Philip wrote: Which tells me it is entirely possible for God to have inspired the writing of truths that were simultaneously applicable to correcting creation myths absorbed in Egypt, so that the ancient audience had an accurate understanding but not necessarily a scientific one - and yet written in such a way that ALSO accurately reflects understandings of the scientific age.
:yes:

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Re: John H. Walton said what about concordism?

#9

Post by riderontheclouds » Tue Apr 17, 2018 10:45 am

I personally have to agree with Walton, I haven't read the article, but from what I've seen of Genesis 1, scientific accuracy is not the aim of the game. Light isn't a source independent from the sun, the earth didn't rise out of the sea and animals didn't 'come forth' from the ground.

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Re: John H. Walton said what about concordism?

#10

Post by thatkidakayoungguy » Tue Apr 17, 2018 5:03 pm

riderontheclouds wrote:
Tue Apr 17, 2018 10:45 am
I personally have to agree with Walton, I haven't read the article, but from what I've seen of Genesis 1, scientific accuracy is not the aim of the game. Light isn't a source independent from the sun, the earth didn't rise out of the sea and animals didn't 'come forth' from the ground.
Science states that for some time the earth was under water, during the Hadean eon I believe. Of course the atmosphere was around then though.

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Re: John H. Walton said what about concordism?

#11

Post by thatkidakayoungguy » Tue Apr 17, 2018 5:16 pm

Genesis 1 isn't a down to the atoms scientific account, but it does have some rough parallels to what mainstream science teaches about the universe's history. Gen 1:1-thru first day is the several billion years or more from the beginning of the creation to the Hadean eon, the second day involves the formation of the current atmosphere, day 3 involves the first plants* appearing (they may be land plants then too) and land being exposed (some early supercontinent called Ur I think) around 3 billion years ago, shortly after the sky cleared enough the sun, moon, and stars appeared and thus functioned as time keepers, animals came about several hundred million years ago, and humans arguably came around about 2 million to 200,000 years ago.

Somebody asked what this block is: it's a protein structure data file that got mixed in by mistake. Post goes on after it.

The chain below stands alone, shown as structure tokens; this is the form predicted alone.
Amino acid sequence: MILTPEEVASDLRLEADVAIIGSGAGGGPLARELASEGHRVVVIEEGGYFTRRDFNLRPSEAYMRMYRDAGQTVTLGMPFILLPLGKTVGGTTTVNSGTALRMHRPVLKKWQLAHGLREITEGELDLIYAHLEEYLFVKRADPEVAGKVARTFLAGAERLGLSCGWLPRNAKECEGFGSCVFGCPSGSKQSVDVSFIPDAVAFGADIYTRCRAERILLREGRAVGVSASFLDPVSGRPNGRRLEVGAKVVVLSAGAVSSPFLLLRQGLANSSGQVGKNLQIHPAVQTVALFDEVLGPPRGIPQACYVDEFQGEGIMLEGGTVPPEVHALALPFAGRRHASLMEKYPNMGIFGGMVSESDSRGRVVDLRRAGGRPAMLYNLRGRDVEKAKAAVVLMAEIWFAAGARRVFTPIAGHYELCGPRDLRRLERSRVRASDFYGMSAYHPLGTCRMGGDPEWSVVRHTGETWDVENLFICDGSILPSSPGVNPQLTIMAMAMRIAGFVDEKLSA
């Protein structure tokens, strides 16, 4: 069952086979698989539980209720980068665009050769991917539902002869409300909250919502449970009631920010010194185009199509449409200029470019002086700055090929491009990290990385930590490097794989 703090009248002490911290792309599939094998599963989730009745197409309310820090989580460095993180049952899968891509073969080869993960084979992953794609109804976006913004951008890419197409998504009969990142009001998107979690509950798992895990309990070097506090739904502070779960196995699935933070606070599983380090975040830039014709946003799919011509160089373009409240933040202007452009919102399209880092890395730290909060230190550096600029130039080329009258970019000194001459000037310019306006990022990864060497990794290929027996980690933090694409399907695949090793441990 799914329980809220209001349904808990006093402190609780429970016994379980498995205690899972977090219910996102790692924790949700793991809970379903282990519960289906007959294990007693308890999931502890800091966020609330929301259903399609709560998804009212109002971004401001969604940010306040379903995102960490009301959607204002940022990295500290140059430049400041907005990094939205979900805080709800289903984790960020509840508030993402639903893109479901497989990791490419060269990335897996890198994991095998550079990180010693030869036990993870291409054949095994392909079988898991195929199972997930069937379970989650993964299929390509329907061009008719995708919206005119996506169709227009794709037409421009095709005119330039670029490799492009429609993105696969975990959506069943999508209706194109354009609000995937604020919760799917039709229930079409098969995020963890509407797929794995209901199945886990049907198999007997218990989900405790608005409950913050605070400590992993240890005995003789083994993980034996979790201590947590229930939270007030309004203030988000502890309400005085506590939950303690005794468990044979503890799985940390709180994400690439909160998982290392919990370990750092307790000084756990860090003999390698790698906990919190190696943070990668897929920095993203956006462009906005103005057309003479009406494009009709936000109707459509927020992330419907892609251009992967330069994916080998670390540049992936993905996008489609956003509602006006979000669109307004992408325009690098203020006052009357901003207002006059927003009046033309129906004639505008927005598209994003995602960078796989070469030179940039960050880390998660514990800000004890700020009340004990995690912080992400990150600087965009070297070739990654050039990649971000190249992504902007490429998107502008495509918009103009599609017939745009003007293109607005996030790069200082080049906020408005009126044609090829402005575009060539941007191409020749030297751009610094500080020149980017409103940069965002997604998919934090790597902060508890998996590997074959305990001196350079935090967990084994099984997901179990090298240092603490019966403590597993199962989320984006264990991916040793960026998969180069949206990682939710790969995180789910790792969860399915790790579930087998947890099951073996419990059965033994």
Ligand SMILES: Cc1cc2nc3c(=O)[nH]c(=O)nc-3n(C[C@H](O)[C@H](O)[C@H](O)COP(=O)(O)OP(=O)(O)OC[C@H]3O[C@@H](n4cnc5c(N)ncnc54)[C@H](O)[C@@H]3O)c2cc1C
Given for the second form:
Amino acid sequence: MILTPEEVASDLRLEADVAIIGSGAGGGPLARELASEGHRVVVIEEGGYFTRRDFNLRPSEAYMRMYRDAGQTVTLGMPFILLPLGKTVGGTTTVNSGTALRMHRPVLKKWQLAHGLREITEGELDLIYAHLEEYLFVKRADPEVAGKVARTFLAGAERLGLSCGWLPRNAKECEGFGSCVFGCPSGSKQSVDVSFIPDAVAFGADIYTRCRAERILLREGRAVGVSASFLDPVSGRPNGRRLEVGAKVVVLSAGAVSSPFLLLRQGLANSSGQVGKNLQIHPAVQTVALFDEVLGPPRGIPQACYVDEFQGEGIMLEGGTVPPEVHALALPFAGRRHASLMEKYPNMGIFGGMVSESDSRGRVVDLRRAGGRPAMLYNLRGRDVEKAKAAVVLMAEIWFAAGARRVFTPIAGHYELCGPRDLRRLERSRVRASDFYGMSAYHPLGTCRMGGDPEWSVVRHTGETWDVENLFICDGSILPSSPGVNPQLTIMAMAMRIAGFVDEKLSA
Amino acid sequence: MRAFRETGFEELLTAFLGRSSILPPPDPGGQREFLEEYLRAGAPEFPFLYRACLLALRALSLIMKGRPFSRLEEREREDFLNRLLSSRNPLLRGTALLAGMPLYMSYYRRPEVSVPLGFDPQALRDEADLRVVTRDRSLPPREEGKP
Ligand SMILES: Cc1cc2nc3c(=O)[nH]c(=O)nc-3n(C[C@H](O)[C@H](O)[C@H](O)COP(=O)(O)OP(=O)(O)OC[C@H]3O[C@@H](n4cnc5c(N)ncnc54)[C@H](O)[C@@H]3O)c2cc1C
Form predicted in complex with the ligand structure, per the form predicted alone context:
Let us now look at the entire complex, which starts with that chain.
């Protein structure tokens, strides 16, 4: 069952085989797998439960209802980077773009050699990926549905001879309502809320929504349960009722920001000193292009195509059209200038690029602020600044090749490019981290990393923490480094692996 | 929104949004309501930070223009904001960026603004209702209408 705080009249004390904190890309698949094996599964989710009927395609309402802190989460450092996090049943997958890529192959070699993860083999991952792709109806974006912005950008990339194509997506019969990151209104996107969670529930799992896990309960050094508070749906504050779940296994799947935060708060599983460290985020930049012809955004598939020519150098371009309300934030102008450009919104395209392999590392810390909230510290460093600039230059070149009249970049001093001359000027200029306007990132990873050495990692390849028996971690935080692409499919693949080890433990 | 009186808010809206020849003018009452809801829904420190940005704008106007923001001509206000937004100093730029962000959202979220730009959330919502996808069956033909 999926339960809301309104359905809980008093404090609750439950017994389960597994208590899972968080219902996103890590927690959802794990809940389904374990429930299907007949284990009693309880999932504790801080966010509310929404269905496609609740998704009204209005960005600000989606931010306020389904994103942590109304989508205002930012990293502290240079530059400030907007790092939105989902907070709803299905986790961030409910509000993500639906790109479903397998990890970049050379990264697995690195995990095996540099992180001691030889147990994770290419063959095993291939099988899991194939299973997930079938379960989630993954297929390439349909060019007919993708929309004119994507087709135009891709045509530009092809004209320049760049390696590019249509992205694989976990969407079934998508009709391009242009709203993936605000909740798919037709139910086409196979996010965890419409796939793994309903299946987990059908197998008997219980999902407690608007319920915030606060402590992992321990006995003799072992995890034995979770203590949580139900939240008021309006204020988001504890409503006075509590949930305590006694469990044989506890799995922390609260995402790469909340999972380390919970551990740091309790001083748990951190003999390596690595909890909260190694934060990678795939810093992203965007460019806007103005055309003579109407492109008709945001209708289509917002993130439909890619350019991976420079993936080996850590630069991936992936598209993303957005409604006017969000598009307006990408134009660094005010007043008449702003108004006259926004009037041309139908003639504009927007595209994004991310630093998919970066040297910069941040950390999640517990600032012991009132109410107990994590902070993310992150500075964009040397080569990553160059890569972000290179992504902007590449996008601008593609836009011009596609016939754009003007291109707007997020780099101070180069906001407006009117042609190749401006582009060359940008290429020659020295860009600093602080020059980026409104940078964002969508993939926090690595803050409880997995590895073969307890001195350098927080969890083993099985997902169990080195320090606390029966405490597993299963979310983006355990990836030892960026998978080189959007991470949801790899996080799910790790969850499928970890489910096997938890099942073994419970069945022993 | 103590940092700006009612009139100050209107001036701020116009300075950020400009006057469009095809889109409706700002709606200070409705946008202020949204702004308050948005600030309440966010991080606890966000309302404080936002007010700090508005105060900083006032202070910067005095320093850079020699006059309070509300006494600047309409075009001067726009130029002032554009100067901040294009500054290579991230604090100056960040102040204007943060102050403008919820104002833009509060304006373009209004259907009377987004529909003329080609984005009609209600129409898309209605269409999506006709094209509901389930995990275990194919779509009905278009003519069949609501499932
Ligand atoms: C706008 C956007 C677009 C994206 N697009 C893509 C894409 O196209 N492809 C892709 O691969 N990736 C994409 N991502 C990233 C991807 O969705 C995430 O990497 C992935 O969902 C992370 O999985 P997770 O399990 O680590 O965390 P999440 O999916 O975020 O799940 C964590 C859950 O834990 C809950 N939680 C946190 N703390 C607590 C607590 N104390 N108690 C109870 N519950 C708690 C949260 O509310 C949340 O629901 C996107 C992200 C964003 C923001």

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Re: John H. Walton said what about concordism?

#12

Post by riderontheclouds » Tue Apr 17, 2018 8:31 pm

thatkidakayoungguy wrote:
Tue Apr 17, 2018 5:03 pm
riderontheclouds wrote:
Tue Apr 17, 2018 10:45 am
I personally have to agree with Walton, I haven't read the article, but from what I've seen of Genesis 1, scientific accuracy is not the aim of the game. Light isn't a source independent from the sun, the earth didn't rise out of the sea and animals didn't 'come forth' from the ground.
Science states that for some time the earth was under water, during the Hadean eon I believe. Of course the atmosphere was around then though.
Was there not dry earth before then?

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Re: John H. Walton said what about concordism?

#13

Post by thatkidakayoungguy » Sun Apr 22, 2018 4:47 pm

riderontheclouds wrote:
Tue Apr 17, 2018 8:31 pm
thatkidakayoungguy wrote:
Tue Apr 17, 2018 5:03 pm
riderontheclouds wrote:
Tue Apr 17, 2018 10:45 am
I personally have to agree with Walton, I haven't read the article, but from what I've seen of Genesis 1, scientific accuracy is not the aim of the game. Light isn't a source independent from the sun, the earth didn't rise out of the sea and animals didn't 'come forth' from the ground.
Science states that for some time the earth was under water, during the Hadean eon I believe. Of course the atmosphere was around then though.
Was there not dry earth before then?
Yea, but the bible also used myths to help the people of the time of Moses to understand what happened. So it did not have to say that land existed beforehand, since it was not regarded as chaos which needed forming or reforming. Even though in a way it was, as the earth was meant for habitation.